Hurry Up And Wait

time management boredEverything I know about life I learned in my college marching band…

OK, that’s not entirely true, but it makes for a good opening. (Spare your “one time at band camp comments. I’ve heard them all. Twice.) In band, we had a saying: “Hurry up and wait.” It was amusing because every time we had a performance, the staff ran around urgently telling people to get ready quickly…only to sit around for 45 minutes afterwards while we waited for the performance to start. I’ve had this phrase on my mind a lot lately as I’ve thought about the overall pace of my day. Here is what I think it means to me now…

My Mentality

I realized that I live by the “hurry up and wait” mentality. It’s better to be 20 minutes early than 1 minute late. That philosophy has served me well, however, I’m realizing that it can be taken to the extreme.

“It’s better to be 20 minutes early than 1 minute late” only matters when there is a consequence for being late. When being late means missing an important deadline, an airplane, or your best friend’s wedding…rushing to be early matters. However, when being late is not a problem, rushing just for the sake of rushing is stressful.

Does Everything Need a Deadline?

I realized that I do this. Sometimes I set arbitrary deadlines for myself because that’s how I operate best. Then I hurry hurry hurry to meet the deadline, when in reality, being a few minutes (hours, days, etc…) late wouldn’t really matter. I end up stressing myself for no good reason.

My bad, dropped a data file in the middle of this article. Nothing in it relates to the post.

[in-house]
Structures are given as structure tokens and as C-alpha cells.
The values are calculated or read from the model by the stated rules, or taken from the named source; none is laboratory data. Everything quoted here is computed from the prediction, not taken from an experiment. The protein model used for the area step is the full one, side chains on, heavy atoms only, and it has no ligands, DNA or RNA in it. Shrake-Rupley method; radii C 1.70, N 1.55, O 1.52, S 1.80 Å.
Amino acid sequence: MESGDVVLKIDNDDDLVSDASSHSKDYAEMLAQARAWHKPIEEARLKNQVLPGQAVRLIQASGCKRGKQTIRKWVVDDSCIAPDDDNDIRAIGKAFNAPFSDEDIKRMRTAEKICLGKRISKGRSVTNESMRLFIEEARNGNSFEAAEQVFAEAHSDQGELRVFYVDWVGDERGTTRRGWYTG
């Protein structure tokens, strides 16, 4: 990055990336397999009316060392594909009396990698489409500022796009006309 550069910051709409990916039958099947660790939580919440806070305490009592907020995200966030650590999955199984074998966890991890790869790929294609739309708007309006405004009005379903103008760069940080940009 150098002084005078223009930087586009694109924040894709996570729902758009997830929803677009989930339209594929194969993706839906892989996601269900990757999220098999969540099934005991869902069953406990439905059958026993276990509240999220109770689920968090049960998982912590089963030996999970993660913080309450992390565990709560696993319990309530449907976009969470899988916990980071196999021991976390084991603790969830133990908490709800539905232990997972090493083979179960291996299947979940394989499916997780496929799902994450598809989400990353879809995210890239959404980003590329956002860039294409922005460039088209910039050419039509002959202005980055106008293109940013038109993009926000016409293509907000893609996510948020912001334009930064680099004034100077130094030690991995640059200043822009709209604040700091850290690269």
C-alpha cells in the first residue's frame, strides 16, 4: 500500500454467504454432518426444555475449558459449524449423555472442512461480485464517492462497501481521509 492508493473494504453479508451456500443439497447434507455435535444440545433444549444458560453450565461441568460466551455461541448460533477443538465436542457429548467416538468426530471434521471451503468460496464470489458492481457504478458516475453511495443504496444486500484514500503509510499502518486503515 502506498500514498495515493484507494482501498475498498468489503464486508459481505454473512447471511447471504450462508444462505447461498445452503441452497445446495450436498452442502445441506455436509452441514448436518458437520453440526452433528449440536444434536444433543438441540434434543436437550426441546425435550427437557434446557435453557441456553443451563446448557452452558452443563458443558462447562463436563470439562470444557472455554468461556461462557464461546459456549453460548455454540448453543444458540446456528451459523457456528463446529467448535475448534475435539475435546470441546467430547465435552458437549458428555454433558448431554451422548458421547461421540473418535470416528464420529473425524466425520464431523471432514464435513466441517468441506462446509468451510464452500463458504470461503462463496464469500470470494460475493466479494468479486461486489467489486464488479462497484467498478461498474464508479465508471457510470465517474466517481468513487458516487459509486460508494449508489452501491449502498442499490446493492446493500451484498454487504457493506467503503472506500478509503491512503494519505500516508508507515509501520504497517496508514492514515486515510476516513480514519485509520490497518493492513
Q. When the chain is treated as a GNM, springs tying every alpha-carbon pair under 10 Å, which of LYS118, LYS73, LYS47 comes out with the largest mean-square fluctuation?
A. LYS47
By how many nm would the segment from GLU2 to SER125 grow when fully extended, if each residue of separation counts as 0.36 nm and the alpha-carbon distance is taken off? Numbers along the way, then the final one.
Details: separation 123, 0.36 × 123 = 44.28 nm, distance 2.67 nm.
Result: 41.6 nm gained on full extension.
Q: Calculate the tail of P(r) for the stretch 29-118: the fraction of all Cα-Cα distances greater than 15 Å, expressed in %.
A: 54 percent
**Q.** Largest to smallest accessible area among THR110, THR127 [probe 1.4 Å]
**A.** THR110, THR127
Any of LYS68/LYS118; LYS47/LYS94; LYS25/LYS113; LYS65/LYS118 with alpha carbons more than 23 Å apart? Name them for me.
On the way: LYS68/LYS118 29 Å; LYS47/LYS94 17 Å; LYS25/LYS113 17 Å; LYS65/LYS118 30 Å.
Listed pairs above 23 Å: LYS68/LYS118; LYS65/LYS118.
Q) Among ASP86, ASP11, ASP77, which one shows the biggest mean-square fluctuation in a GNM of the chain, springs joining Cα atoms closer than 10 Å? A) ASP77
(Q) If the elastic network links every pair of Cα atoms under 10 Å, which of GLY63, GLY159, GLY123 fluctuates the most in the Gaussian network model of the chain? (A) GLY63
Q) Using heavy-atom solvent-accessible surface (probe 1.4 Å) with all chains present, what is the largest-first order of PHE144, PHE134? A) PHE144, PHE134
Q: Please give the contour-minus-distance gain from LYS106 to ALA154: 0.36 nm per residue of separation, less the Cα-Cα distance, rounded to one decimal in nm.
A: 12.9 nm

Do you do this too? I talk about how setting your own deadlines can be a good motivator, and that’s true, but I’m going to be careful about what types of tasks I set deadlines for.

Not everything needs to be done in a hurry. This week, I’m going to try to be better about slowing down. Or next week. Whenever I get around to it.

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Hurry Up And Slow Down

When speaking of time management, people are always looking for ways to get things done faster. While it may seem counterintuitive, sometimes the best way to do things faster is to slow down.

I’m not talking about the metaphorical, “take time to smell the roses” kind of slow down. I mean to physically stop moving so fast.

 The Daily Rush

The other day, as I was bounding out of my car to get to my evening class, (coffee, laptop and books in tow,) I stopped myself.  Why in the world was I racing as though trying to catch a train? I wasn’t late, and the classroom wasn’t going anywhere without me.

I realized that I do this a lot. I go quickly up the stairs to my office, I switch lanes frequently in traffic trying to find the fastest one, and I get frustrated trying to navigate past “slow moving” people while running errands. I know I’m not the only one who lives my day in one giant rush.

We can tell ourselves that this haste is necessary to save time, but really, it’s not. The 5 seconds that you save by rushing to get somewhere are canceled out by the extra feeling of stress that rushing causes. There are three negative side effects of the stress of rushing:

1)      Sloppiness

2)      Forgetfulness

3)      Un-focused work

Move Purposefully

Instead of rushing around, slow down and embrace the calm notion that you’ll still get everything done today without the need to hurry from place to place. Don’t think of it as moving slowly. Think of it as moving purposefully. You have goals for your day and you’re not going to dawdle, but your daily life shouldn’t be akin to the 50-yard dash.

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Technorati Keywords Time Management, Efficiency,

Photo Credit: Michelle Meiklejohn